For Lee, before Chiropractic was Gym Instruction and Shiatsu which both gave early transferable skills of communication, exercise application and an early development of a seeing therapeutic touch. From this base, ideas about motion being lotion and a variety of movement were born. Lee’s first Volunteer post was in a Polyclinica in Cuba in 2000 as a chiropractic student.
The bi-directional nature of nerve impulses which help to map our body in our brain led Lee to gain certification in chiropractic extremity techniques known as a Certified Chiropractic Extremity Practitioner (CCEP). Lee completed Post Registration Training (PRT) at Winchester Chiropractic Clinic (‘Gonstead’) culminating in the professional courtesy award of Doctor of Chiropractic (DC) from the European Chiropractors Union Board of Education.
Nutrition was the subsequent interest sparking phlebotomy training at the Royal Berkshire Hospital to draw blood for private laboratory testing and Public Health Nutrition training (level 7) at Southampton Medical School. At this time in Public Health Medicine, Health Education was evolving into Health Promotion cementing the importance of patient education.
Lee’s self exploration of the experience of moving his body lead to a Practitioner Diploma in Qi Gong (ancient Chinese Exercise) from the London College of Traditional Oriental Medicine and Acupuncture. From a science perspective one might say Lee studied interoception (internal bodily sensations) enabling him to develop a concept of habituating his body rather than taking his body for granted. An important epistemological step in his personal appreciation of some knowledge acquisition. Lee believes knowledge about his body comes from within even when pain is not present to motivate change or during a process of change.
The first exploration of teaching occurred whilst being part of a steering committee to develop a chiropractic degree course at Kingston University. Further academic study achieved a Post Graduate Diploma in Clinical Governance from the University of South Wales in 2011. Enabling Lee to share his further study as the opening speaker at the World Chiropractic Student Congress, 2014, in Leadership.
In 2015 Lee grabbed an opportunity to experience 150 hours of yoga training in Morocco giving him insights into the similarities and differences between ancient Chinese and ancient Indian language about body knowledge and approaches to exercising from the last few hundred years. It is such opportunities that inspire Lee to give back and over the years he has volunteered his skills in Sweden, Poland, Slovakia, Spain, and New Zealand.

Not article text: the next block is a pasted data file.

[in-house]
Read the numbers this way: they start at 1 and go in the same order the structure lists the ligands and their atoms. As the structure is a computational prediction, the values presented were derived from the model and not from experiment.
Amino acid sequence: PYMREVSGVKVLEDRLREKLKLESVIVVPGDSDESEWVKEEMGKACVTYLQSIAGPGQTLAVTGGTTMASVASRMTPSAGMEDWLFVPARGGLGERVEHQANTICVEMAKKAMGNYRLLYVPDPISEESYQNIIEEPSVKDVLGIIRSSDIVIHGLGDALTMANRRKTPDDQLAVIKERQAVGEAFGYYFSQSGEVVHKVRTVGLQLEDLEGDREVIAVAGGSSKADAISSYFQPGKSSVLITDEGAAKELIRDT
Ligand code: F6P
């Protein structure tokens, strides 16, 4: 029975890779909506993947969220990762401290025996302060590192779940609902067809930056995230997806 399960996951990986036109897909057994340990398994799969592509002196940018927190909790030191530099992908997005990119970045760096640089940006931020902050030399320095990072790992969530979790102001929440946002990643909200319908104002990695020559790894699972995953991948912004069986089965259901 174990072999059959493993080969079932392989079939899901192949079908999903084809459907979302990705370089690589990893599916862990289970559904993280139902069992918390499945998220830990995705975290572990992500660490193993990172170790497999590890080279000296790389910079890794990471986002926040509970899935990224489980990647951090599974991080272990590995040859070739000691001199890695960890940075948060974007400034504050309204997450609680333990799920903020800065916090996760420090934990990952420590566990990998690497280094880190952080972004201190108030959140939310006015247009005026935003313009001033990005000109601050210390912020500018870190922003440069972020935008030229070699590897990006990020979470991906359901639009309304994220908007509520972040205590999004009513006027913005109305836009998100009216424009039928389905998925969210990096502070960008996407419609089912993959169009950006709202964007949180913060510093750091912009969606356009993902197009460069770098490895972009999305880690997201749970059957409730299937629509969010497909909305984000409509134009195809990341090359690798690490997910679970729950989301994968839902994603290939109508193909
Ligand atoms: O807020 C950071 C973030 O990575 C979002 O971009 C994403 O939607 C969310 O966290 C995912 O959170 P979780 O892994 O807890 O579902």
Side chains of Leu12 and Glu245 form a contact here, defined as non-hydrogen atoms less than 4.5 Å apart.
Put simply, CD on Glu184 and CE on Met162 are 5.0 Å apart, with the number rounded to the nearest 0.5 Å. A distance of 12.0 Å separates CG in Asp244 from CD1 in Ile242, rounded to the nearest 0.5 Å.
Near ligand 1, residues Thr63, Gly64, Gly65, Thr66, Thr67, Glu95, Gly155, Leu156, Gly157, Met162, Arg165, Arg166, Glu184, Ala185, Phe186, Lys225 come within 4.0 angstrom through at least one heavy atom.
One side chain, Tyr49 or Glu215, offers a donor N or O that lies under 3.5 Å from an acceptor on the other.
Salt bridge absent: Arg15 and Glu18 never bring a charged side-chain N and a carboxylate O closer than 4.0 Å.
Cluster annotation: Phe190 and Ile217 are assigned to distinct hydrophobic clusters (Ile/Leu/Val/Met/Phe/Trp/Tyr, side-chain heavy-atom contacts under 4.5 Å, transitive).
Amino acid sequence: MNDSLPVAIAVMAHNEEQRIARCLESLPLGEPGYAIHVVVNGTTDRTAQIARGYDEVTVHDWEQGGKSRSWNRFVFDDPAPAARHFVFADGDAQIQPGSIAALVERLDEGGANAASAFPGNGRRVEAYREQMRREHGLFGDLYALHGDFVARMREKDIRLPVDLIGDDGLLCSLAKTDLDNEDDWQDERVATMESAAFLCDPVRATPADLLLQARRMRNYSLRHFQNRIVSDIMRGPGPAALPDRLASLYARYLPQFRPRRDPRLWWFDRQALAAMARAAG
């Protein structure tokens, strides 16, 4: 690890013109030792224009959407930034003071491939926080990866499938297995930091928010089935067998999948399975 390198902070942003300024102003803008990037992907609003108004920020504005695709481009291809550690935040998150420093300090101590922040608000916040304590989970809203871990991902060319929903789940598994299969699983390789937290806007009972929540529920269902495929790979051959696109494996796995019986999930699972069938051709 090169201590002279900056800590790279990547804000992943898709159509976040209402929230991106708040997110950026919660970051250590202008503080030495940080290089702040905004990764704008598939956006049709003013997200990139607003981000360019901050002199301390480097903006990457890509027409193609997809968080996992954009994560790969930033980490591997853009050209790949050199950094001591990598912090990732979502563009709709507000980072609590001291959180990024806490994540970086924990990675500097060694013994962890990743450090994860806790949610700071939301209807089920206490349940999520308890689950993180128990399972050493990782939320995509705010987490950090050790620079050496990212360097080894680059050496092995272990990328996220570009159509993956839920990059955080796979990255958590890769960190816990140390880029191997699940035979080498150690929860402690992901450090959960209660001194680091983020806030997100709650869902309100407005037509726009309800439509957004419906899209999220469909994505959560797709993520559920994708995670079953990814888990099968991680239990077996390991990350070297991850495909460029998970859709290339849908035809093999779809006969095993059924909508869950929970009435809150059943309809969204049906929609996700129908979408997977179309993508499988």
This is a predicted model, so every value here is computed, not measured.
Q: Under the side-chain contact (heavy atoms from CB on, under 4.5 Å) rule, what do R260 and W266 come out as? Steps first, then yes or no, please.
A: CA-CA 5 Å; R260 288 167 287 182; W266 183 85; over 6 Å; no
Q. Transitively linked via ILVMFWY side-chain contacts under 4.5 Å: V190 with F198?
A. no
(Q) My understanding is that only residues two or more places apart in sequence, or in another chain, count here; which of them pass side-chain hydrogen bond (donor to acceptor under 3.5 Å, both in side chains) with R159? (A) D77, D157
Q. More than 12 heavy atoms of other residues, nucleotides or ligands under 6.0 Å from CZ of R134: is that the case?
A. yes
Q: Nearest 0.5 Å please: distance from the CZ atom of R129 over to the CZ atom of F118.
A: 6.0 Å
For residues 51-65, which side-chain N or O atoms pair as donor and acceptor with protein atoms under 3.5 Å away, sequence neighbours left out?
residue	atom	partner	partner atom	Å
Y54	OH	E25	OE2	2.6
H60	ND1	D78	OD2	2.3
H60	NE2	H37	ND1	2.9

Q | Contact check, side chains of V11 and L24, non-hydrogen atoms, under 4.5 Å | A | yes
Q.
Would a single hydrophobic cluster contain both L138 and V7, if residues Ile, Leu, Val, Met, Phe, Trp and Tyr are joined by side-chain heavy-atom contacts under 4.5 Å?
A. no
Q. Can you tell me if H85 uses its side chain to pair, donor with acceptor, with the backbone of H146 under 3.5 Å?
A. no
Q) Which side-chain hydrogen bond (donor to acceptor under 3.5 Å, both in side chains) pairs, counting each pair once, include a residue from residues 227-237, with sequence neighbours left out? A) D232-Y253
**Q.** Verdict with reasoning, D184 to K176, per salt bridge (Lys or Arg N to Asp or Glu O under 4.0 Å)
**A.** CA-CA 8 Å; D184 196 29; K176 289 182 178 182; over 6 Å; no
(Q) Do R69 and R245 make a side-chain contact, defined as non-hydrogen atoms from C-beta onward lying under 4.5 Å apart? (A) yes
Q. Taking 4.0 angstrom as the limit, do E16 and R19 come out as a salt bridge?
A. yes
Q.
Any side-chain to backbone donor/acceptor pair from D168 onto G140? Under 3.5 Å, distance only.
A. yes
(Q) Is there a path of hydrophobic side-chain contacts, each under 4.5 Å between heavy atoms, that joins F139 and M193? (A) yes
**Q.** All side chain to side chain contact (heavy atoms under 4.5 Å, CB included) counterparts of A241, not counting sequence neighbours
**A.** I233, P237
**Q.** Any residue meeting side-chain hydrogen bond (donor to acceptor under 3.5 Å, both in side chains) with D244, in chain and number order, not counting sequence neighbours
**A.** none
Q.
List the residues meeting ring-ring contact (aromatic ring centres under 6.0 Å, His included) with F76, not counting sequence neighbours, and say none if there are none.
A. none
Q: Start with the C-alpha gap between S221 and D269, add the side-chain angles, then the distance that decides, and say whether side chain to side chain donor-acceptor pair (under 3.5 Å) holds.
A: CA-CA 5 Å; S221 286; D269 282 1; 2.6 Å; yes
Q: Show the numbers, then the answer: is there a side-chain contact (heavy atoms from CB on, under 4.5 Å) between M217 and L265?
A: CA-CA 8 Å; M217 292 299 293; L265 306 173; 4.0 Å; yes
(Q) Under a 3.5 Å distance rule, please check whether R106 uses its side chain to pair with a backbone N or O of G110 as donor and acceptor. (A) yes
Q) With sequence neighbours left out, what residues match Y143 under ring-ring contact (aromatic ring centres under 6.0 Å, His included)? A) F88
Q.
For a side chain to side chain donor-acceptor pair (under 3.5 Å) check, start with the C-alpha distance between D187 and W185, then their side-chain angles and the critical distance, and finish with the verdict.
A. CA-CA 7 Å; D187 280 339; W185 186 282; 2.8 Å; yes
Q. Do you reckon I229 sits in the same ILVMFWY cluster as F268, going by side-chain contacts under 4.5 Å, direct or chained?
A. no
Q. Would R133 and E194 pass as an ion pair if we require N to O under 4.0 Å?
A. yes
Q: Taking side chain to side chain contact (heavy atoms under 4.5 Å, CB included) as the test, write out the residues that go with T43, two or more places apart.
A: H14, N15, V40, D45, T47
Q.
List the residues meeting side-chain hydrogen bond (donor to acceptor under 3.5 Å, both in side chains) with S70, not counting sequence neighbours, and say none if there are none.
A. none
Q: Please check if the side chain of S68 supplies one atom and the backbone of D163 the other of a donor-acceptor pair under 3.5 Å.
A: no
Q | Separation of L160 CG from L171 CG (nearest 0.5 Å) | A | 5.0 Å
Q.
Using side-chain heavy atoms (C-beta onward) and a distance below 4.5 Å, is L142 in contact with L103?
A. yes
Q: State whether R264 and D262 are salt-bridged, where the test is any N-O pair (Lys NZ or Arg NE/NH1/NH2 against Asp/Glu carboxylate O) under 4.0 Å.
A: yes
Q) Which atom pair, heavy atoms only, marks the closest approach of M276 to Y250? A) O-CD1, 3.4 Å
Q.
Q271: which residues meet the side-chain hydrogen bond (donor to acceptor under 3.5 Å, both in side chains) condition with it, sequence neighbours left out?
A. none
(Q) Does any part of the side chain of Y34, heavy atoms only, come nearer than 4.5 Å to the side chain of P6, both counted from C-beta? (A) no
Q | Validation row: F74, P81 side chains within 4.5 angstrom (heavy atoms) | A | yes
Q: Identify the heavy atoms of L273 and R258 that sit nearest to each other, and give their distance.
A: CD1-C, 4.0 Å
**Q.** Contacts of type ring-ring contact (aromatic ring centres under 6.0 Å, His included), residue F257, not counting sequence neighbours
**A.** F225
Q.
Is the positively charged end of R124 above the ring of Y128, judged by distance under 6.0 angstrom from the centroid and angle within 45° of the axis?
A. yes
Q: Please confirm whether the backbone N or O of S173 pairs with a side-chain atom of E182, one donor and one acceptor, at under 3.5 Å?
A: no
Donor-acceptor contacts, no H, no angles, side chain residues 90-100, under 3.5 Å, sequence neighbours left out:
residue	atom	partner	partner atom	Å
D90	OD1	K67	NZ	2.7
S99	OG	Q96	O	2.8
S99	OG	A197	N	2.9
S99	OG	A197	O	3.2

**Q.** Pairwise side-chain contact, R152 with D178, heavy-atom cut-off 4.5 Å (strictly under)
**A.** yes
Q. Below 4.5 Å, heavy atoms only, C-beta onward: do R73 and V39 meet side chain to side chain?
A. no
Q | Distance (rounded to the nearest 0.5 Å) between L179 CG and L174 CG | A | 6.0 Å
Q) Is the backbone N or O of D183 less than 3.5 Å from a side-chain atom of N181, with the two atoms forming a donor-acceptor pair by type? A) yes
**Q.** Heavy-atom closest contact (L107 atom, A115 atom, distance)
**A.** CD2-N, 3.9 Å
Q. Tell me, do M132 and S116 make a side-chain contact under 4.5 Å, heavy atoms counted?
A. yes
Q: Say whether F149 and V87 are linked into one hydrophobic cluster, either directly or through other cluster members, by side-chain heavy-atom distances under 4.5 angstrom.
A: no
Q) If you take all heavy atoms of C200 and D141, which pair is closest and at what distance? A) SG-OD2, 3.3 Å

Lee used to write accident reports for car accidents and workplace accidents. Following the insurance industry trying to stamp out the ‘gravy train’ of insurance claims the industry changed. Meaning the Civil Procedure Rules were applied and policed resulting in Chiropractors being overlooked for such work. Lee lobbied the UK Government over a 3 year period gaining support from Lord Dyson (through a collaboration with the Royal College of Chiropractors) who was Master of the Rolls and head of The Civil Procedure Rule Committee but unfortunately Lee received weak support from the chiropractic profession. The result was that the chiropractic profession is now a stakeholder with the Ministry of Justice’s Whiplash Task force to give a voice in preparation for when the profession could develop into this area. Med Co remains unchanged even though Lee was accredited by them for 3 years.
It was recognising the work to be done to help the Chiropractic Profession align with the wider UK society, existing and emerging Laws and good working practices that sparked legal scholarship at Cardiff University. Lee graduated in 2019 with an LLM Degree (Medical Law).
Lee is a member of the faculty at the University of South Wales where he has hopes to incorporate ethics education into the Chiropractic profession, believing that if the Chiropractic profession could use the philosophical language of the wider medico-legal society and a robust governance framework the profession of Chiropractic could become fully accepted in the UK. Through better understanding Lee recognises a chance for change and adaptation. For almost 20 years Lee has helped people with their experience of pain. He recognises that chiropractors seem to know what to do, yet as a profession in a wider societal context chiropractors have work to do on the why of what they do and not just produce population based scientific evidence.
Lee has completed First Contact Practitioner Training from Health Education England to better understand MSK medicine from the perspective of the NHS. Believing that seeing both private and NHS approaches to MSK pain experiences he might improve his patient Care when communicating in a style similar to current NHS language. In an attempt to reduce uncertainty and engender trust for those people who are in or have been through pathways of NHS Care about their muscle and joint aches and pains. Lee is a Fellow and Mentor of the Royal College of Chiropractors.
Lee practises an integrated approach to muscle and joint concerns drawing on the ancient and the modern, psychological and physical aspects of pain. Lee believes in being a teacher rather than a guru because that way the application of his knowledge and skills is patient led. Specifically when delivering Chiropractic Care he practises the SOT technique a (mostly gentle) full spine and cranial approach to improved pressure regulation and ‘healing better’.